John Keay scales the peaks in search in the Sublime.
Three hundred years ago mountains were not much regarded. Adjudged to be one of creation's follies, they attracted the sort of press today reserved for landfill sites and 1960s tower blocks. Edmund Burt, an English officer sent to the Grampians to confiscate Jacobite estates in 1716, found the hills tolerable only when enveloped in cloud. Without it, they jarred on the eye, "and the clearer the day, the more rude and offensive they are".
Burt could not decide what he hated most: "their stupendous bulk, frightful irregularity, or horrid gloom". Their colouring, too, was "disagreeable, and most of all when the heath(er) is in bloom".
Mountains, as Robert Macfarlane puts it in this delightful book, "upset the natural spirit level of the mind". Like other wilderness areas they harboured monsters, outlaws and hideous dangers. Decent folk kept well away. Fifty years later this prejudice was crumbling. Evidently, mountains had a respectable, interesting pedigree. Geologists such as James Hutton deduced that the earth's surface had evolved on an unimaginable timescale, so inducing what MacFarlane calls "another vertigo - the giddiness inspired by deep time". Science gave mountains a history, and to study it the curious were lured upwards even as their imaginations plunged to the remotest past.
By 1773, James Boswell looked on the Highlands with less horror than Burt, but devoid of the romanticism that was about to engulf them. "There," he exclaimed, "is a mountain like a cone." "No sir," countered Dr Johnson, it might be so described in a book, and the top was indeed pointed, "but the one side of it is larger than the other." At best, it was "a considerable protuberance".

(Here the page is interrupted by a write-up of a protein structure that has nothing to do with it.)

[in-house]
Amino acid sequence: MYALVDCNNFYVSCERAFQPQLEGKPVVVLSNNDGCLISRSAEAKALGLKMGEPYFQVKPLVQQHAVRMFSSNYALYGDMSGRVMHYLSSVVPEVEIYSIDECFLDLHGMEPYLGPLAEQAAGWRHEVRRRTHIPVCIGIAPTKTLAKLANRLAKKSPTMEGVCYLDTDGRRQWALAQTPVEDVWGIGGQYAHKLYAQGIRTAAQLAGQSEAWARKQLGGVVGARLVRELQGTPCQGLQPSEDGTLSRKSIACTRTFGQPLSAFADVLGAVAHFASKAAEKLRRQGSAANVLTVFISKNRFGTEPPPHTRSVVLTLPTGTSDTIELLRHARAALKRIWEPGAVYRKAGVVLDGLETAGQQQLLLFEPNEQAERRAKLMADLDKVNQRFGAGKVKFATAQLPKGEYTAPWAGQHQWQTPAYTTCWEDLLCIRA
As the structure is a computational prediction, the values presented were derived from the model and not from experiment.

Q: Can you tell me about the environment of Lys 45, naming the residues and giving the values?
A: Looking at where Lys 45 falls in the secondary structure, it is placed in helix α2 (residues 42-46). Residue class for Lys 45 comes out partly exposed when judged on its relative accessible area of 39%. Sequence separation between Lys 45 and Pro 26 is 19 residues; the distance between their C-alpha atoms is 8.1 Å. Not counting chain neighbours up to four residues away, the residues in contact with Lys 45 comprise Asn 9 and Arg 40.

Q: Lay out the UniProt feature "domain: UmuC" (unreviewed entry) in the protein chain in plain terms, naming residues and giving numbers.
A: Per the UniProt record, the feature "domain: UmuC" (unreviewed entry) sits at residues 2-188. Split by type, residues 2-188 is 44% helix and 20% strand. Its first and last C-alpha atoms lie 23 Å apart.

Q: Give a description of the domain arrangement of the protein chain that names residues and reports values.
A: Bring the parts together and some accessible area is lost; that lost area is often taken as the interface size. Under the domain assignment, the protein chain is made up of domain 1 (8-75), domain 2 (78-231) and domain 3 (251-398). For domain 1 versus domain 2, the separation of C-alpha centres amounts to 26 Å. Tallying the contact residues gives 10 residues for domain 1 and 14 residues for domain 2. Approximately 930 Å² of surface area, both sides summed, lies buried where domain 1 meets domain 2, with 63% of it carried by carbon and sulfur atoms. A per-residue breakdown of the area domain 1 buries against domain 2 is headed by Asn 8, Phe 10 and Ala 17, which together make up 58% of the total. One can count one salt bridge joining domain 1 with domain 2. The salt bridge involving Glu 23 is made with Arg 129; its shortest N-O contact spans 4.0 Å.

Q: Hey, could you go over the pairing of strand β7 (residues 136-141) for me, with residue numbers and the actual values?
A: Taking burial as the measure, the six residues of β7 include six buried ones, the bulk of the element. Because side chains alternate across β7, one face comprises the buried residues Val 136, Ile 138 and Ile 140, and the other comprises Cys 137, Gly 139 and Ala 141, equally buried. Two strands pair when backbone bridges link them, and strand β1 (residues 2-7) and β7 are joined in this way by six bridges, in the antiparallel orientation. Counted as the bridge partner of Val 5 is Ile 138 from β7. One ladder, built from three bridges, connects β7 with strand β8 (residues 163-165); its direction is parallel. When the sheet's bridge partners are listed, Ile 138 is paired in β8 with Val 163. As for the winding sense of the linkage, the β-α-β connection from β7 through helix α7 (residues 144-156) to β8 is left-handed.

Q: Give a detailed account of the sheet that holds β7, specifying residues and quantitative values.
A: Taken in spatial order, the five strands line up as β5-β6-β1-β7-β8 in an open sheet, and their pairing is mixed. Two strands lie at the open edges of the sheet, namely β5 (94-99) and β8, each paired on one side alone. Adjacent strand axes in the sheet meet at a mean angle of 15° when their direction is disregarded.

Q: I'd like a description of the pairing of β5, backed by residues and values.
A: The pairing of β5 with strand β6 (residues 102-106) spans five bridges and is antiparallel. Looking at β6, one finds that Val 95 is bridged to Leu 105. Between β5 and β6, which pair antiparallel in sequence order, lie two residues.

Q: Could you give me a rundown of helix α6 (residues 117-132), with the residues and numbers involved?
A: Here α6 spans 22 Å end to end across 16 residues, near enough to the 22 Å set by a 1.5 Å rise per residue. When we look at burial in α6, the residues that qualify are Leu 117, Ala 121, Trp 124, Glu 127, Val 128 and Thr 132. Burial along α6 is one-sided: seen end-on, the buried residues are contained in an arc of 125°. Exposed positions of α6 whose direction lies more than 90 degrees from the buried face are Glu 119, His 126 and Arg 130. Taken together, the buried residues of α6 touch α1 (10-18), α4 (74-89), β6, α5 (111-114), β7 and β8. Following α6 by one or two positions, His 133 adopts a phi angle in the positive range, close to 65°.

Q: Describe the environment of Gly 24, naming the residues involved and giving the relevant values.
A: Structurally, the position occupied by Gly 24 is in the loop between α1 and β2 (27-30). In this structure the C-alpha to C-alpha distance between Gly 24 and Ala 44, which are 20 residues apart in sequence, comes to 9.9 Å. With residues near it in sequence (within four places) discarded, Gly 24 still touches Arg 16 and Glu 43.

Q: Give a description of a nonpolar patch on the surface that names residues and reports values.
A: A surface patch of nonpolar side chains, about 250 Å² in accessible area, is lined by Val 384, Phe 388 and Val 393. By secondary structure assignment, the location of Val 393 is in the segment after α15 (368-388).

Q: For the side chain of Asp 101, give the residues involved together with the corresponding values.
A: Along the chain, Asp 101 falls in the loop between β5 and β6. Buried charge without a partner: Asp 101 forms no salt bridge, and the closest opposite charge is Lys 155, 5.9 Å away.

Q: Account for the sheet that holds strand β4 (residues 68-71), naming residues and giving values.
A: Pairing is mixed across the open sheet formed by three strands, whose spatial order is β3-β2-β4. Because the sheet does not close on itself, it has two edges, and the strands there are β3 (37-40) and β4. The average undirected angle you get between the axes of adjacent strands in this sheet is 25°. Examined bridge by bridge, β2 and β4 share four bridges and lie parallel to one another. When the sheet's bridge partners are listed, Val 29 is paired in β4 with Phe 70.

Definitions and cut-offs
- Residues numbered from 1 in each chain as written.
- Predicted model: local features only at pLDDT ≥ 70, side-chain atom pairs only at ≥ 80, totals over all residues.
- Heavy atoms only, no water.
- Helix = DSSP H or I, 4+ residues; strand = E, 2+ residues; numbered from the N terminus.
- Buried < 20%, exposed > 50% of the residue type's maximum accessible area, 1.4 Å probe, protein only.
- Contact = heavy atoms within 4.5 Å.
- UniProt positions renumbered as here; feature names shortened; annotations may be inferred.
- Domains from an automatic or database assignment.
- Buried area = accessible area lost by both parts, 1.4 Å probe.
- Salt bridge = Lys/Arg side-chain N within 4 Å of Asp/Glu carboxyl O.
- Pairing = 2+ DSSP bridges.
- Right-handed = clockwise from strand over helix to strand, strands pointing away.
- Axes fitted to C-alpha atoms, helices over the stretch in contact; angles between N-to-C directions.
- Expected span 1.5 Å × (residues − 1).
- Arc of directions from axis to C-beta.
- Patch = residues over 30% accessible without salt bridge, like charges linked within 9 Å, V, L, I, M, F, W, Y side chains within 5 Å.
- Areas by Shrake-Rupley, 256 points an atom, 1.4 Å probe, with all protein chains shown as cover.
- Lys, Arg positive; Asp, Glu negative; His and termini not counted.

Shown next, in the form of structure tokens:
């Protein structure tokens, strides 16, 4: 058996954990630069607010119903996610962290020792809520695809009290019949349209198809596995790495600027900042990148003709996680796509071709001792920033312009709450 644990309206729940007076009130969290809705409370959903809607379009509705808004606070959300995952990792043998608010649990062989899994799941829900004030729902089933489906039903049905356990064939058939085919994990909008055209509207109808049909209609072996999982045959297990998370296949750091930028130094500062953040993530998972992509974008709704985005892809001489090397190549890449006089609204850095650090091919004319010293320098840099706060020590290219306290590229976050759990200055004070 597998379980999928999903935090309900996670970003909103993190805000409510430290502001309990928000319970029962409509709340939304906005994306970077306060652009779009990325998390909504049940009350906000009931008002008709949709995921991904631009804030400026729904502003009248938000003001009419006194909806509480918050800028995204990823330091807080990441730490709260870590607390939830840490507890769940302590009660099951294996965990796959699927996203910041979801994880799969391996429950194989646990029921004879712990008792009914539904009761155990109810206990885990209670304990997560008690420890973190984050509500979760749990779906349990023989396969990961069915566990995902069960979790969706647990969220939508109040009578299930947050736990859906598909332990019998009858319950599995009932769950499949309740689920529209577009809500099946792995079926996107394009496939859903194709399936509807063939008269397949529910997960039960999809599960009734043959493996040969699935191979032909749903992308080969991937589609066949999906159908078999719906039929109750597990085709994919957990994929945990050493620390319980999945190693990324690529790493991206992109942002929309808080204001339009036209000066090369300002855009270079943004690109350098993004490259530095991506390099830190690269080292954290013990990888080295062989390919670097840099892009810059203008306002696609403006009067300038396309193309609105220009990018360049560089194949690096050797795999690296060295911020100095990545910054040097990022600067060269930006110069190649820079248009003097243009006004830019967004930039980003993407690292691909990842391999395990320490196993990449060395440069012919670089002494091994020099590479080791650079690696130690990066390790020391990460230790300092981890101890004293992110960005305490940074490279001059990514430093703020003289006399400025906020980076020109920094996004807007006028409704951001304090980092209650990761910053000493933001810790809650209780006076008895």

Johnson was more interested in the effect such protuberances produced on those who ventured over them. The doctrine of the "Sublime", propounded by Edmund Burke in 1757, accorded to anything wild and fearsome the capacity to excite. Johnson tested this and found that a steep drop with the promise of a fatal landing did, indeed, produce a pleasurable "agitation of the mind". The rehabilitation of the mountains was under way. Early Romantics in the Lakes and later Romantics in the Alps popularised this perception by festooning the heights with icicles of metaphor and airy intimations of solitude, liberty and inspiration. Alpinists brandished their alpenstocks and climbers began to climb. "Under the influence of the Sublime," says MacFarlane, "the pursuit of fear had begun."
This book is not a history of mountaineering but "a history of the imagination", an account of how mountains have been perceived and of how suppositions about height, frigidity, glaciation and extreme danger have combined to seduce men into dying for them. George Mallory is Macfarlane's chosen hero and his affair with Everest furnishes a powerful last chapter.
Mountains of the Mind makes no attempt to present a local perspective.
Wherever the mountains, the mind is always western and usually anglophone.
Macfarlane, an English don, acknowledges such limitations. Though himself a climber, he never overstates his case. He wonders how minds seduced by the imagined appeal of the mountains can be so oblivious to the agony of distraught parents, grieving widows and orphaned children. He does not recommend consoling them with an essay on the Sublime.
Vignettes from his own climbing career illuminate his thesis and, amid writing of glacial clarity, they stand out as exemplars of unstrained mountain prose. This exceptional book is destined for iconic status among those excited by "considerable protuberances".
John Keay is author of The Explorers of the Western Himalayas , The Great Arc and other books.
Mountains of the Mind
Author - Robert Macfarlane
ISBN - 1 86207 561 1
Publisher - Granta Books
Price - £20.00
Pages - 306